If you do a little math, you can convert that into what fraction of the total books read by the group as a whole are read by each slice.
Depending on how far you want to take that 21+ slice up, the 21+ group is reading about half the books (a couple dozen per person), 2/3rds of the books (50 a year) or more.
So this presents a conundrum. Why are commentators expecting a plateau in e-book content at 35% of the titles sold? Either power users aren't fully converted (this is trivially true, for some small percentage -- I know one of my regular readers and my walking partner have not yet converted to e-readers), or the plateau shouldn't show up until some higher point.
There's another possibility. Some fraction of book content is _still_ only available in p-form (I know, I've had to acquire several books in paper in the last year and I'm not happy about it; usually these are academic monographs). If a large fraction of power readers are reading a lot of books that are not yet available in high-enough quality e-form, then they won't convert. Period. At least until the quality problem is solved. But the survey data is specifically about trade books, so that doesn't seem too likely. It's also possible that you have conversion averse buyers (parents, grand-parents, etc. who don't read much themselves) buying p-form for power readers who would prefer e-form but aren't going to make a big stink about it.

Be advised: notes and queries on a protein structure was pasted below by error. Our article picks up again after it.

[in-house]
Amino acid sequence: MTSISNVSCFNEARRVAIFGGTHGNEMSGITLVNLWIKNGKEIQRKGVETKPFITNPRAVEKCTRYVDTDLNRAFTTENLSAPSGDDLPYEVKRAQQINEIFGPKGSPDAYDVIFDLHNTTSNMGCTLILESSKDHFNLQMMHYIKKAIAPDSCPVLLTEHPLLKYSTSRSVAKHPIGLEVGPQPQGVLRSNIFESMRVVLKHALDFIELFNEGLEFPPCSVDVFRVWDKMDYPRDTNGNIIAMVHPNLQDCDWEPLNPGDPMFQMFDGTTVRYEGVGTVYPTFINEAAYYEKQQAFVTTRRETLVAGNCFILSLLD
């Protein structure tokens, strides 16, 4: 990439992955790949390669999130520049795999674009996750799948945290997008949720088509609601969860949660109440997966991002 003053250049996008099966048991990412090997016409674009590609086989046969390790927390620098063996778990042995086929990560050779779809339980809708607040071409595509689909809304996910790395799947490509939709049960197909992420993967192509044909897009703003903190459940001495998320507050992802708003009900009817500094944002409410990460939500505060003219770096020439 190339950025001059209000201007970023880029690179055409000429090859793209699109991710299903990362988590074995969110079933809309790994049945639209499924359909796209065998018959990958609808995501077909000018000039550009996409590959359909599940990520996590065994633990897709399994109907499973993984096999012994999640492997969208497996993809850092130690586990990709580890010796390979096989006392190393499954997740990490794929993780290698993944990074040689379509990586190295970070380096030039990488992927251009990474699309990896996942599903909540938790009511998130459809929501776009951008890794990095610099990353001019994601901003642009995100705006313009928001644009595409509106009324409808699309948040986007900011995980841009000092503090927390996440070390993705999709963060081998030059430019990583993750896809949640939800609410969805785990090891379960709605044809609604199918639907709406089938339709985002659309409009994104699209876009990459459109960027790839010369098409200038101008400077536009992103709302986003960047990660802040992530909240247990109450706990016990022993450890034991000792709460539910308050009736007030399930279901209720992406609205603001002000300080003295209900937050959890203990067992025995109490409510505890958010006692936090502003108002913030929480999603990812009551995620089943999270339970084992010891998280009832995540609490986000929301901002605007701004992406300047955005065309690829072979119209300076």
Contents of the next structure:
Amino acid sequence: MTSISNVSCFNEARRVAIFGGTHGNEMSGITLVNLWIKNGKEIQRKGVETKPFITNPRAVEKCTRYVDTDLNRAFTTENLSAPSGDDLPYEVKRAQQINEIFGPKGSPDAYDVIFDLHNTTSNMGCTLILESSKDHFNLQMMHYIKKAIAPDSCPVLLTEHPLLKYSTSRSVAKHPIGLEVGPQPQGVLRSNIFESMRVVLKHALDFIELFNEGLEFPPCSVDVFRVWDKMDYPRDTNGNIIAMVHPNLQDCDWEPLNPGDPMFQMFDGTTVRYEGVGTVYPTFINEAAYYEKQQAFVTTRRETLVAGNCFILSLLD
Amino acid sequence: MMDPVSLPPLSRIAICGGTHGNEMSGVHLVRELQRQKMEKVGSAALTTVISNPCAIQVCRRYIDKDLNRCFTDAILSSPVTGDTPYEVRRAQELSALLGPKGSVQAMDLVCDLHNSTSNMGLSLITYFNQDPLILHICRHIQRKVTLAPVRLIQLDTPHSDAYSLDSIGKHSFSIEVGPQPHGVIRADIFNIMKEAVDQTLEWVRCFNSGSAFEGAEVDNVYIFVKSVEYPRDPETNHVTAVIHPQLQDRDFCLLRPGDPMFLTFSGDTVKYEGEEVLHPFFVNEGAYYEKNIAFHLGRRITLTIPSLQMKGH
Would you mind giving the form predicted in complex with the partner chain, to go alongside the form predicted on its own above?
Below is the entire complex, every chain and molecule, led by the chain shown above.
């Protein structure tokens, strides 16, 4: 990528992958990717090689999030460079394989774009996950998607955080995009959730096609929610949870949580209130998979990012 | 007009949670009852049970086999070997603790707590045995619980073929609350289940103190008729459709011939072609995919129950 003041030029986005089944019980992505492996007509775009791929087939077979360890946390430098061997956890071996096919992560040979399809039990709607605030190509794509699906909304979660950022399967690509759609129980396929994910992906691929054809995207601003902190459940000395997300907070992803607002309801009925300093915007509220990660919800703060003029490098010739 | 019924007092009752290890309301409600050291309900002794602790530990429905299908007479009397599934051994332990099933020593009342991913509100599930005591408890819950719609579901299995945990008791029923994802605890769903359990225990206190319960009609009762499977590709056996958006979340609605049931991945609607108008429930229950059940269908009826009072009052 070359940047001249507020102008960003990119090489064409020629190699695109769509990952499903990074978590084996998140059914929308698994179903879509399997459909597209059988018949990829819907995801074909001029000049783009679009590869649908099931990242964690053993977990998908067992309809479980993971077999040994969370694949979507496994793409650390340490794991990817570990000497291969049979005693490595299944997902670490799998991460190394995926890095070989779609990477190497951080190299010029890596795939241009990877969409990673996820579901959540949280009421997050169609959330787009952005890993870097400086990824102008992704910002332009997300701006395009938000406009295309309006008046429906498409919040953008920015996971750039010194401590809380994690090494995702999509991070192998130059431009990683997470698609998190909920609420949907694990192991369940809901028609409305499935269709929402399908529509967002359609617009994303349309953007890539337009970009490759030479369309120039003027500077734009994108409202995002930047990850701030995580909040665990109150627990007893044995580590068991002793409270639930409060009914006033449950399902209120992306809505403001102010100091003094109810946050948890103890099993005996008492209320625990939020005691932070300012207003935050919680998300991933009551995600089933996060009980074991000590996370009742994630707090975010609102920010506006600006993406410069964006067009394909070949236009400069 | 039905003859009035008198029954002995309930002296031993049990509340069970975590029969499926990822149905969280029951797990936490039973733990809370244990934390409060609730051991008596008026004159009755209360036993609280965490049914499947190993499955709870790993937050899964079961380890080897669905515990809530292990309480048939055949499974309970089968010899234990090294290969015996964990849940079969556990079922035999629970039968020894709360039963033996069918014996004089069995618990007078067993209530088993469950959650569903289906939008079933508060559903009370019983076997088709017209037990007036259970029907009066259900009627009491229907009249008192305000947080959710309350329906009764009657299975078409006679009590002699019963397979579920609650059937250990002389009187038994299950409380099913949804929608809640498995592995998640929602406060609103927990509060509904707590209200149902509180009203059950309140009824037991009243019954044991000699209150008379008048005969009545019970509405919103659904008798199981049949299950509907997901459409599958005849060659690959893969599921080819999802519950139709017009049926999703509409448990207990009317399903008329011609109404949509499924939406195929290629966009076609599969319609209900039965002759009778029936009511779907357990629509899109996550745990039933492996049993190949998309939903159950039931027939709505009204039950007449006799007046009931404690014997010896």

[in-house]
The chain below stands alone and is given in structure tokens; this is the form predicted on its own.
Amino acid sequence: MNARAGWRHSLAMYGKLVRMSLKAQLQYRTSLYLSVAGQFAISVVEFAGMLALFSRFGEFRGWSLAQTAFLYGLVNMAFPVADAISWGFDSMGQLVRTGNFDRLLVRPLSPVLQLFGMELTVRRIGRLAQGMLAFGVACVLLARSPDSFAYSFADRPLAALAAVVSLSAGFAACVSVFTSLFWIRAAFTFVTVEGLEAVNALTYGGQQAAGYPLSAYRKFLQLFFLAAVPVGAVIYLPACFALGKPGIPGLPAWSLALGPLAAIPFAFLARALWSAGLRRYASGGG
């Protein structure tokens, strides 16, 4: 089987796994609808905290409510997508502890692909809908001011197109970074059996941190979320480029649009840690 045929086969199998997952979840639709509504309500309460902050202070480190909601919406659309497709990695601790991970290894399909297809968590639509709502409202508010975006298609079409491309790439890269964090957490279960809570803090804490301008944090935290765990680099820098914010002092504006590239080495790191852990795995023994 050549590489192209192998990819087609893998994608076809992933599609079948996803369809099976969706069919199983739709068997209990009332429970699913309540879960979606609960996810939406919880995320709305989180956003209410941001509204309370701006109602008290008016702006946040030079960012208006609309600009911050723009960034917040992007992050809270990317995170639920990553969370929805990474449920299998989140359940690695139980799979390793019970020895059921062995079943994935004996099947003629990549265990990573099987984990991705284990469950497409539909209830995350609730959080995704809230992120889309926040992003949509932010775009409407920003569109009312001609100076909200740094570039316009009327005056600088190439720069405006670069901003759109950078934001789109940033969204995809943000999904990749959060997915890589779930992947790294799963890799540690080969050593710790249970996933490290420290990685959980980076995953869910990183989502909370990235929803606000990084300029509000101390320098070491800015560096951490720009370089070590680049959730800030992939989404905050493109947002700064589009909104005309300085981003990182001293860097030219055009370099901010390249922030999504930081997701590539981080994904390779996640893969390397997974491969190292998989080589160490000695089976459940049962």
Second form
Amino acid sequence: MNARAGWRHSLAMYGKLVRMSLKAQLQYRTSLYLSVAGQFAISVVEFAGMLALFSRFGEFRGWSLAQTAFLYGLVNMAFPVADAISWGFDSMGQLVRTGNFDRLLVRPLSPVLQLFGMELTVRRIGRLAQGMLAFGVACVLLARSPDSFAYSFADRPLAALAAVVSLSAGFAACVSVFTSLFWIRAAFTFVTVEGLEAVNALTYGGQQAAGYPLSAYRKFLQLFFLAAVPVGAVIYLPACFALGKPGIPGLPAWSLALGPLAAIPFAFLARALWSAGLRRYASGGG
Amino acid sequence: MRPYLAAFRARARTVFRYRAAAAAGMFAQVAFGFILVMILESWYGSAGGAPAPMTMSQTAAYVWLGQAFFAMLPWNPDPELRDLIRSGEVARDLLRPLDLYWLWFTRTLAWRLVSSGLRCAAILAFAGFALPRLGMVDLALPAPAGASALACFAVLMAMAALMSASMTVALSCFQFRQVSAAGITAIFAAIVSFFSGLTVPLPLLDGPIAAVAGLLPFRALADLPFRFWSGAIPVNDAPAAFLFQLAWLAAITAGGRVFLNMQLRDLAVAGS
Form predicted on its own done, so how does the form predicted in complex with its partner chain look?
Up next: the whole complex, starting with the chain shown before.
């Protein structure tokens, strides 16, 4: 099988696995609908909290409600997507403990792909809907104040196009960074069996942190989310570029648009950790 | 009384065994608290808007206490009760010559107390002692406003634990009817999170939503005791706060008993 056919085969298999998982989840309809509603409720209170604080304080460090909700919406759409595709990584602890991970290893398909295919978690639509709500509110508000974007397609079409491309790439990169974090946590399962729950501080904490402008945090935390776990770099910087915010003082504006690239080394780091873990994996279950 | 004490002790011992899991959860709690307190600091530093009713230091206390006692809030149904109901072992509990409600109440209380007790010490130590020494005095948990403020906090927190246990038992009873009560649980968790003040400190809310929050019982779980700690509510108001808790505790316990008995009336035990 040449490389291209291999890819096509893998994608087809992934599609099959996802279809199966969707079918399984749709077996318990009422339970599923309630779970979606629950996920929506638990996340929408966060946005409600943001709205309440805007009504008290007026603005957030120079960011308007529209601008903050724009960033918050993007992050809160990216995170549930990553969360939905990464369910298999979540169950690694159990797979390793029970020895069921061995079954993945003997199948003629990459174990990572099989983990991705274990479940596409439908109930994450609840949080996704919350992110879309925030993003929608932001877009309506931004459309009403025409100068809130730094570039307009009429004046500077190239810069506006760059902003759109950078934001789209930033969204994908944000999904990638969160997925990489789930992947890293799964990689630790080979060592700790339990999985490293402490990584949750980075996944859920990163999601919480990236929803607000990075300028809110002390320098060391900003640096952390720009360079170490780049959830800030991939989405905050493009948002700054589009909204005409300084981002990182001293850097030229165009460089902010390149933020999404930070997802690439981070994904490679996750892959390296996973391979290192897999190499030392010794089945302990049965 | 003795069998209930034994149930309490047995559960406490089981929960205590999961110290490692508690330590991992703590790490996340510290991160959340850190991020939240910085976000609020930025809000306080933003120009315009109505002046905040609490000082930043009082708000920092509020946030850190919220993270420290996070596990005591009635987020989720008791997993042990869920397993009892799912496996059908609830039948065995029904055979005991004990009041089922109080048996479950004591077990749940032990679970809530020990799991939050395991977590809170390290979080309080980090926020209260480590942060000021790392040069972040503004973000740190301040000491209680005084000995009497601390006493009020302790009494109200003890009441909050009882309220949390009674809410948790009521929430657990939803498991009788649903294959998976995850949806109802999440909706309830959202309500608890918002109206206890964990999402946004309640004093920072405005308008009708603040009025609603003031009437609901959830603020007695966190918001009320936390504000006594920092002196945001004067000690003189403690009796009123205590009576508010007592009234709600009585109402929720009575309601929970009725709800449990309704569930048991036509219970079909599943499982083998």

Or the data is bad. Yeah, that'd never happen.
Here's how the data could be bad:
If indie ebooks are not in the projections or the universe under analysis, and they are a quarter, then total ebook sales would wind up plateauing somewhat higher than 35% or 40%, and might get a lot closer to the 50% or so that would be the low end of what seems reasonable to me.
ETA: If you are blinking, and thinking, walkitout, libraries! Well, you are clearly smarter than me. Libraries could, indeed, explain a lot.